News / Economy

    Southeast Asian Migrants Revitalizing Taiwan Economy

    An investor monitors the stock market at a securities brokerage in Taipei, April 16, 2013.
    An investor monitors the stock market at a securities brokerage in Taipei, April 16, 2013.
    Ralph Jennings
    Decades ago Taiwan was one of the four fastest-growing economies in Asia. But factories have moved away since then, making China the region’s growth leader.  That dynamic has forced Taiwan to look increasingly to its Southeast Asian migrant workers to get the country's economy back on track. 

    Taiwan’s annual economic growth of less than four percent has left it lagging behind the rest of industrialized Asia.  Before 2000, Taiwan was growing quickly, reaching a Gross Domestic Product (GDP) of $467 billion as contracts for high-tech manufacturing put its economy on a level with Singapore and South Korea.

    That was before China became the region’s low-cost manufacturing hotspot, luring capital away from Taiwan and avoiding free trade deals with the island’s Beijing-hostile government. Taiwan’s birth rate was also falling and at one child per woman it ranks now as one of the world’s lowest, a threat to productivity.
     
    But a growing population of migrant workers is reheating Taiwan’s economy.

    Peter O’Neill, a Catholic Church priest, who counsels migrants, says Southeast Asians do valuable work for up to 18 hours per day and get paid less than the Taiwanese.
     
    “Those industries are where the working conditions are very dangerous, very hot, very uncomfortable, because Taiwanese people no longer want to work in the manufacturing sector,” O'Neill stated.
     
    Nearly 450,000 Southeast Asian workers live in Taiwan today, up from 270,000 just 15 years ago. More than half come from Indonesia and the rest are mainly Thai, Filipino or Vietnamese. Migrants reach Taiwan on short-term labor contracts and are paid minimum wage, earning enough on average by their third year to send money to relatively poor families back home.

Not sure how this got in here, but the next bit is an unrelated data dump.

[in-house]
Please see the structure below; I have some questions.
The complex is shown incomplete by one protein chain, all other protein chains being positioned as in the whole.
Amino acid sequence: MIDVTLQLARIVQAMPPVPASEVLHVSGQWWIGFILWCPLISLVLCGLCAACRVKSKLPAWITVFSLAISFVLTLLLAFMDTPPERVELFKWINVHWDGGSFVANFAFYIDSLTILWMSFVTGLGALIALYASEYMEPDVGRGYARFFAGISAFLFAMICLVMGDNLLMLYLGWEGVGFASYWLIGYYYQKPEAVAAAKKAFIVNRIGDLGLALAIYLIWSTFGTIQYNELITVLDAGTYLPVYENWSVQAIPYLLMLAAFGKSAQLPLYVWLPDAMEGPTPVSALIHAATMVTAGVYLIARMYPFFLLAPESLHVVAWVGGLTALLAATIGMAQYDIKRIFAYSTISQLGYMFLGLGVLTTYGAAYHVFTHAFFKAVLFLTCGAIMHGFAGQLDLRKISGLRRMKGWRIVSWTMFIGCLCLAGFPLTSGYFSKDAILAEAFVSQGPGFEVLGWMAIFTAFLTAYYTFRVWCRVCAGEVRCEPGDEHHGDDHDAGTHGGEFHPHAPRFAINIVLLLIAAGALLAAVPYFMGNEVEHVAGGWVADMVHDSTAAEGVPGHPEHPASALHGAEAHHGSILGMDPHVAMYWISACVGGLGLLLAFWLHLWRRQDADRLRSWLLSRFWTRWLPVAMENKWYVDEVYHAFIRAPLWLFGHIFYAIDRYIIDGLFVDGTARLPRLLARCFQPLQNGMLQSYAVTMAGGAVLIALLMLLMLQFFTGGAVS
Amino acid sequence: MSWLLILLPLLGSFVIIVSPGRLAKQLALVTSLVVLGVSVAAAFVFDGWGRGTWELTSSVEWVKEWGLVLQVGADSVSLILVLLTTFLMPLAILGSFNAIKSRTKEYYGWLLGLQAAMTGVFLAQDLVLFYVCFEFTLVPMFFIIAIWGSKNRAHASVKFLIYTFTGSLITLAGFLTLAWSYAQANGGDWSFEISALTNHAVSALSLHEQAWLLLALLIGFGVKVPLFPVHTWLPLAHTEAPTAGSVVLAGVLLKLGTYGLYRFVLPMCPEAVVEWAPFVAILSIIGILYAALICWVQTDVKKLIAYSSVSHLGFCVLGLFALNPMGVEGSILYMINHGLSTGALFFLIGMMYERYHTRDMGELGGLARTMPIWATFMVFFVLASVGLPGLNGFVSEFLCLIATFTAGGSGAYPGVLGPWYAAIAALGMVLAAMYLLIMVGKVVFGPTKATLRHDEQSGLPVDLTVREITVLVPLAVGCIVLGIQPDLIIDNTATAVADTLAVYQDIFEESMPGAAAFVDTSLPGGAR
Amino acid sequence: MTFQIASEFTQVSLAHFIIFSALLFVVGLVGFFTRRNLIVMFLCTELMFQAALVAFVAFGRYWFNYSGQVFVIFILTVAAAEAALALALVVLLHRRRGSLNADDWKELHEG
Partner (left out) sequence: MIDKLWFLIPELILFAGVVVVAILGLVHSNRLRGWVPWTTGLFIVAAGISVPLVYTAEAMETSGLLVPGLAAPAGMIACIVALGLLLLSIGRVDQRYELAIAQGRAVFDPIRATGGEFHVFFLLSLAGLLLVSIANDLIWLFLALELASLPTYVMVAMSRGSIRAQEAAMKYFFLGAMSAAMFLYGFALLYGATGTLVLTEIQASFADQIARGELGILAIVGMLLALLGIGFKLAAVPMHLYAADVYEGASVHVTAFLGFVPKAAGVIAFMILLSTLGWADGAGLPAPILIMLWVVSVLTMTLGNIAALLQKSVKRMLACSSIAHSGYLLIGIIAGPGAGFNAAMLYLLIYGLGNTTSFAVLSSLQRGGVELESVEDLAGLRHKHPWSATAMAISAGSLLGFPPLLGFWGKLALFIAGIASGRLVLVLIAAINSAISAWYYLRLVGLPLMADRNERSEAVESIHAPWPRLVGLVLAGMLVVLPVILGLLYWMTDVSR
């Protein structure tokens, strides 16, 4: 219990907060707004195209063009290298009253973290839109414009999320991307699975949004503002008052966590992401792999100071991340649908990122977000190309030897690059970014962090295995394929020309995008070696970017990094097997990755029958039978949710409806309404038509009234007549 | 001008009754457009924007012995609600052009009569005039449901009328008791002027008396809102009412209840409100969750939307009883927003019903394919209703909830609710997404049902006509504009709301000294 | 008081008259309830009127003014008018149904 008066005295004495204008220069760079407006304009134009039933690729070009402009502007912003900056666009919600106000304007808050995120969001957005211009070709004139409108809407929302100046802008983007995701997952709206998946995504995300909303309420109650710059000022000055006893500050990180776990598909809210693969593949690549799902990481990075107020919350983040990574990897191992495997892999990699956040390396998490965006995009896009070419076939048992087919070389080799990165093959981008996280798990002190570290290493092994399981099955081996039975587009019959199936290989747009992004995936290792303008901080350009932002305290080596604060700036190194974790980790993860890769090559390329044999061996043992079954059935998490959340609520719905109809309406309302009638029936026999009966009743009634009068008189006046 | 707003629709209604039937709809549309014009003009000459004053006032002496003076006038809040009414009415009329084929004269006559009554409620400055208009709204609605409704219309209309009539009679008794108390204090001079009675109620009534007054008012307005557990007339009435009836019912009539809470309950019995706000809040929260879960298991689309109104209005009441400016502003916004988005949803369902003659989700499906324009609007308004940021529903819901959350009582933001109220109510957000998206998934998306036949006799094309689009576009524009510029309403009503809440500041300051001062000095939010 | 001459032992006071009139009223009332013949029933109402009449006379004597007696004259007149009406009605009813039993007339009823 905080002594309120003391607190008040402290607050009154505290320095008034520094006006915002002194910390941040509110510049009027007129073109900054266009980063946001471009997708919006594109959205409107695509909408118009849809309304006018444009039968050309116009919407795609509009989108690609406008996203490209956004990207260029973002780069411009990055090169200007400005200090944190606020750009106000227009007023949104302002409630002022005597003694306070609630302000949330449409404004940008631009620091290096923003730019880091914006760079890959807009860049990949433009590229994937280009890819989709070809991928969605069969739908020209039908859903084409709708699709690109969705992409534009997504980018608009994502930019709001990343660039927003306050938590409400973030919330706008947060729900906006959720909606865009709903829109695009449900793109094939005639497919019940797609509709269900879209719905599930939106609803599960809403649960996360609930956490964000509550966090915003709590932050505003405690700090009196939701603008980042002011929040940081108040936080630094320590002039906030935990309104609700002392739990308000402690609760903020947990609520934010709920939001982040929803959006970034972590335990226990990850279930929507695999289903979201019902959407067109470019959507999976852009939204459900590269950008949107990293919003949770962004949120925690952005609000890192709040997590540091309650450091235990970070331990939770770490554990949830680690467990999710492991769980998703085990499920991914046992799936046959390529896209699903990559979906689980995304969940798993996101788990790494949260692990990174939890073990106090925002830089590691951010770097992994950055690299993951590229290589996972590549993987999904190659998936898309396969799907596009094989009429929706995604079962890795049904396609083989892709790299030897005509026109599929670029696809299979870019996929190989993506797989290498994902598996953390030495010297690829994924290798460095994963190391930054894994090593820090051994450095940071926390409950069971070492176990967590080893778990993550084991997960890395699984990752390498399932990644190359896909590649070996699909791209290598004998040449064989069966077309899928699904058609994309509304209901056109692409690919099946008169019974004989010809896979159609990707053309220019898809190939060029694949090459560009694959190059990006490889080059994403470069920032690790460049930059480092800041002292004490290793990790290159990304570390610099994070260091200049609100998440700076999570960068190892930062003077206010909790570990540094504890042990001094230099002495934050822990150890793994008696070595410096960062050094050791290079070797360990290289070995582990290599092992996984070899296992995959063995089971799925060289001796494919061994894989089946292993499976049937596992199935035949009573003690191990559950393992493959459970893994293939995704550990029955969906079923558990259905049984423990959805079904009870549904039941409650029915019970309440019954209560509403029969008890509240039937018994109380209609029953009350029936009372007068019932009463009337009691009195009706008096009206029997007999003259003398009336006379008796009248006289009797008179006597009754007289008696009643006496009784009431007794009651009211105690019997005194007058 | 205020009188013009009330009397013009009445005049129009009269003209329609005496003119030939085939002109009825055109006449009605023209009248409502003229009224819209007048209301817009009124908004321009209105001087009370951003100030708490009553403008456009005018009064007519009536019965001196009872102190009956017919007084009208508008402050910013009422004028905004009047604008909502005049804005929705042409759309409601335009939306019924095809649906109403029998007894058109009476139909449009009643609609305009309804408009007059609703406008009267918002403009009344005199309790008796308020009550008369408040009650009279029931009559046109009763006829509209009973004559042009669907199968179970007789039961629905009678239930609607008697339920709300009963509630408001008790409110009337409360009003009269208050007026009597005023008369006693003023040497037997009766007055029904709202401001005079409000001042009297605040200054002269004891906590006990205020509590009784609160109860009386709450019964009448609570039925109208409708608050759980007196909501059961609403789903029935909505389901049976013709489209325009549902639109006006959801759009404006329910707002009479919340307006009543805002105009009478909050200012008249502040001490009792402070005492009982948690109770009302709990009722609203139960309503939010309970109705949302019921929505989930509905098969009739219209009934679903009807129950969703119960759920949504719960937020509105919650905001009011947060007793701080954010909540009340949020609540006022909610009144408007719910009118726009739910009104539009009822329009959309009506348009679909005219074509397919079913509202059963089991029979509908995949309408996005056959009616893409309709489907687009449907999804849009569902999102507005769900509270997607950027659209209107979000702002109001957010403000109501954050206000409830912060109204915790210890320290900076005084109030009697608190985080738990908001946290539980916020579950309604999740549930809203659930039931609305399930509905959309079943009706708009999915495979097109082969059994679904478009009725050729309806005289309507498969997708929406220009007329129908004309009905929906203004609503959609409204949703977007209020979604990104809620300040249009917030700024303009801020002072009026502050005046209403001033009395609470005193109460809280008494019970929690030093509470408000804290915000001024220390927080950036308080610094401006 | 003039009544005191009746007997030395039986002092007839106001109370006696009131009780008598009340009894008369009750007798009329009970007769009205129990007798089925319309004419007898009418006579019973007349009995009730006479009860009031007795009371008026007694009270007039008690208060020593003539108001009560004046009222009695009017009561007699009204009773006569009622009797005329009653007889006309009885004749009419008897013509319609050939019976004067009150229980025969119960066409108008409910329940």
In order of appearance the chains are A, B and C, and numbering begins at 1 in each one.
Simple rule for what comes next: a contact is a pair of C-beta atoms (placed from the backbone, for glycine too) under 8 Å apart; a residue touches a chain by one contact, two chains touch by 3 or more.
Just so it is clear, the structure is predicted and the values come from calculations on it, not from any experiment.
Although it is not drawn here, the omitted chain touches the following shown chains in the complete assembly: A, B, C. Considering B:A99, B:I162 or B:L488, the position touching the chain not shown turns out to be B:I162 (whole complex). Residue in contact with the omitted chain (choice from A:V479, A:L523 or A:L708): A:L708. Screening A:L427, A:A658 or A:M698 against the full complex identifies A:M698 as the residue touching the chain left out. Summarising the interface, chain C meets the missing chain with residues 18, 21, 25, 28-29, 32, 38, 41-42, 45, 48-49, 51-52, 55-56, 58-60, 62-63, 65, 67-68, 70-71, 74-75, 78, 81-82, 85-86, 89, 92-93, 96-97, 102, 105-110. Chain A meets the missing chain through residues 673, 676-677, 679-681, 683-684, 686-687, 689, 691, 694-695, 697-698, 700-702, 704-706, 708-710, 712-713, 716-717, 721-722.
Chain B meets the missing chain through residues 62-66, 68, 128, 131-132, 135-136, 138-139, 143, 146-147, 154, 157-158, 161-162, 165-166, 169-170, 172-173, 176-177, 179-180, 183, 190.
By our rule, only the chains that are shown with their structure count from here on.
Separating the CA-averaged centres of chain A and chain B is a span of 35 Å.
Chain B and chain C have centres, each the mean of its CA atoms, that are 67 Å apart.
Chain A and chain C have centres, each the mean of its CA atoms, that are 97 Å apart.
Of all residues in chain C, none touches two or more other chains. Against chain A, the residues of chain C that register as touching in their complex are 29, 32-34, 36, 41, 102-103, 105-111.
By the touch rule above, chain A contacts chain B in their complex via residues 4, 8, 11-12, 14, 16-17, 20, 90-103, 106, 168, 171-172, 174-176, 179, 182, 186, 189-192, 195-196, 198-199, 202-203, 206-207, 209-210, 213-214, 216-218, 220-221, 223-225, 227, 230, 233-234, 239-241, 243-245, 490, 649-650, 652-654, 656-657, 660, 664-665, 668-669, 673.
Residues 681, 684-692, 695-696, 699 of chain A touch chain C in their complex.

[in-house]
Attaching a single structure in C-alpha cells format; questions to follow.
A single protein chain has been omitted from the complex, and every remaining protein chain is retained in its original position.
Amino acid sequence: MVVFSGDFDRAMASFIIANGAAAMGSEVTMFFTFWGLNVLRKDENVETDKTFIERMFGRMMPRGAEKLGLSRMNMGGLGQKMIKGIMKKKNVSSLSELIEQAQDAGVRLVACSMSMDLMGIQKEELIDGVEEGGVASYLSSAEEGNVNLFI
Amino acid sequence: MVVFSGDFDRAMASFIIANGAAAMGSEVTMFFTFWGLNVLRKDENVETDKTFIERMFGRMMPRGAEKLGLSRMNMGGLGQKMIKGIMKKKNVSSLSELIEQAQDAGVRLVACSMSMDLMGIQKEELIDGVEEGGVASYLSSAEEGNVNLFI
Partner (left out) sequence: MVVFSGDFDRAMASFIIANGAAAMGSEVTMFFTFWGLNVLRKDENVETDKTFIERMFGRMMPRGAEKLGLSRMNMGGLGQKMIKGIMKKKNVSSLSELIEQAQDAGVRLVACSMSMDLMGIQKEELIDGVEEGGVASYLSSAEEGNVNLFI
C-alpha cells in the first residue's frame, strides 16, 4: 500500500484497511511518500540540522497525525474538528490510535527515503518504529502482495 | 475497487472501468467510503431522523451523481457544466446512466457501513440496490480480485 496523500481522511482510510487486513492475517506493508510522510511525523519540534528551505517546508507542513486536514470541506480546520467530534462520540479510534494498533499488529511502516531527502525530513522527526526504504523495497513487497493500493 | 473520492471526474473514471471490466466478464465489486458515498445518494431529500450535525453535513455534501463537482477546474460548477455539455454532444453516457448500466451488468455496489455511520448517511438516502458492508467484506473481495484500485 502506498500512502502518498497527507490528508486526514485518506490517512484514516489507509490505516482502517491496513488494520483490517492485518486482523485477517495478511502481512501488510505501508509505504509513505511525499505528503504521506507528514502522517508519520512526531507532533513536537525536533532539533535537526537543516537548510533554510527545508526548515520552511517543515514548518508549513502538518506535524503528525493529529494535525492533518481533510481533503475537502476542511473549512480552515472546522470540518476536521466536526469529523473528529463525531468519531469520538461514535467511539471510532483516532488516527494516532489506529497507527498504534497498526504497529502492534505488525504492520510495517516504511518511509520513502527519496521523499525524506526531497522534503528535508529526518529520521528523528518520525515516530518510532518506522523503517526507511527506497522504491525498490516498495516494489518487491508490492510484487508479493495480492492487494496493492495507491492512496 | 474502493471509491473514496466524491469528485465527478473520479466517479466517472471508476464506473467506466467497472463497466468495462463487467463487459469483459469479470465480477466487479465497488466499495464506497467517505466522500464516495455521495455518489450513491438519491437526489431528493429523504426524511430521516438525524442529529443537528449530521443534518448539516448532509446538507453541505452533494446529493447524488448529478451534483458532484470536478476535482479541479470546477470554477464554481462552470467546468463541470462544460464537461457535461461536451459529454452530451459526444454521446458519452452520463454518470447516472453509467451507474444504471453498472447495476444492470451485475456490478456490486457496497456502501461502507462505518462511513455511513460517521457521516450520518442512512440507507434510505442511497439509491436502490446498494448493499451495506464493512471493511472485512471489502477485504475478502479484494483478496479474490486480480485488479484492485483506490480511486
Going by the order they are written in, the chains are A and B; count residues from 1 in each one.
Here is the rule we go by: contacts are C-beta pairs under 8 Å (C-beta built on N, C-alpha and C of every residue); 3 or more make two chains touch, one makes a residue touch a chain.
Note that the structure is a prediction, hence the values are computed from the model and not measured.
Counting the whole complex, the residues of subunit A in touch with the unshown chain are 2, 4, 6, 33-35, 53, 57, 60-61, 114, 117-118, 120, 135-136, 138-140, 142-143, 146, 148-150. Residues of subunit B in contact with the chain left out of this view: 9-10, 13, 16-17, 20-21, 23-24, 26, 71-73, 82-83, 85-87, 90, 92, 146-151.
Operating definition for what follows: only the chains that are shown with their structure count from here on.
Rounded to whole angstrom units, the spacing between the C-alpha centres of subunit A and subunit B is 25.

Taiwan’s government relaxed migrant labor laws last year to let in more workers. The move was part of a bigger directive to bring Taiwanese factories home from China, where they have operated in some cases for nearly three decades.
     
    There is no official estimate on migrant labor’s contribution to Taiwan’s economy,  but Liu Shao-yin, supervisor with the Catholic Migrant Centers, a nongovernmental migrant workers service group, said foreign labor now keeps locally owned factories at home.
     
    She said the problem Taiwan would face is factory owners moving out of Taiwan. They would relocate plants to mainland China or Southeast Asia because of lower labor costs in those regions, she said, leaving relatively few in Taiwan.
     
    Taiwan’s increasing reliance on migrant workers puts it in a league with Hong Kong, Singapore and other countries that look to their poorer neighbors for labor.

    Migrants in Taiwan fill a range of jobs. Filipinos may work as engineers for Taiwanese information technology firms. Thai workers can be found doing tough factory work and other Southeast Asians help on fishing boats, a job that many Taiwanese consider dangerous.
     
    Many of the 100,000 Vietnamese migrants care for Taiwan’s elderly, freeing up younger Taiwanese who would normally look after their parents to work.
     
    Homecare workers earn the equivalent of $530 per month, and factory labor pays a monthly $638, both below average wages for Taiwan.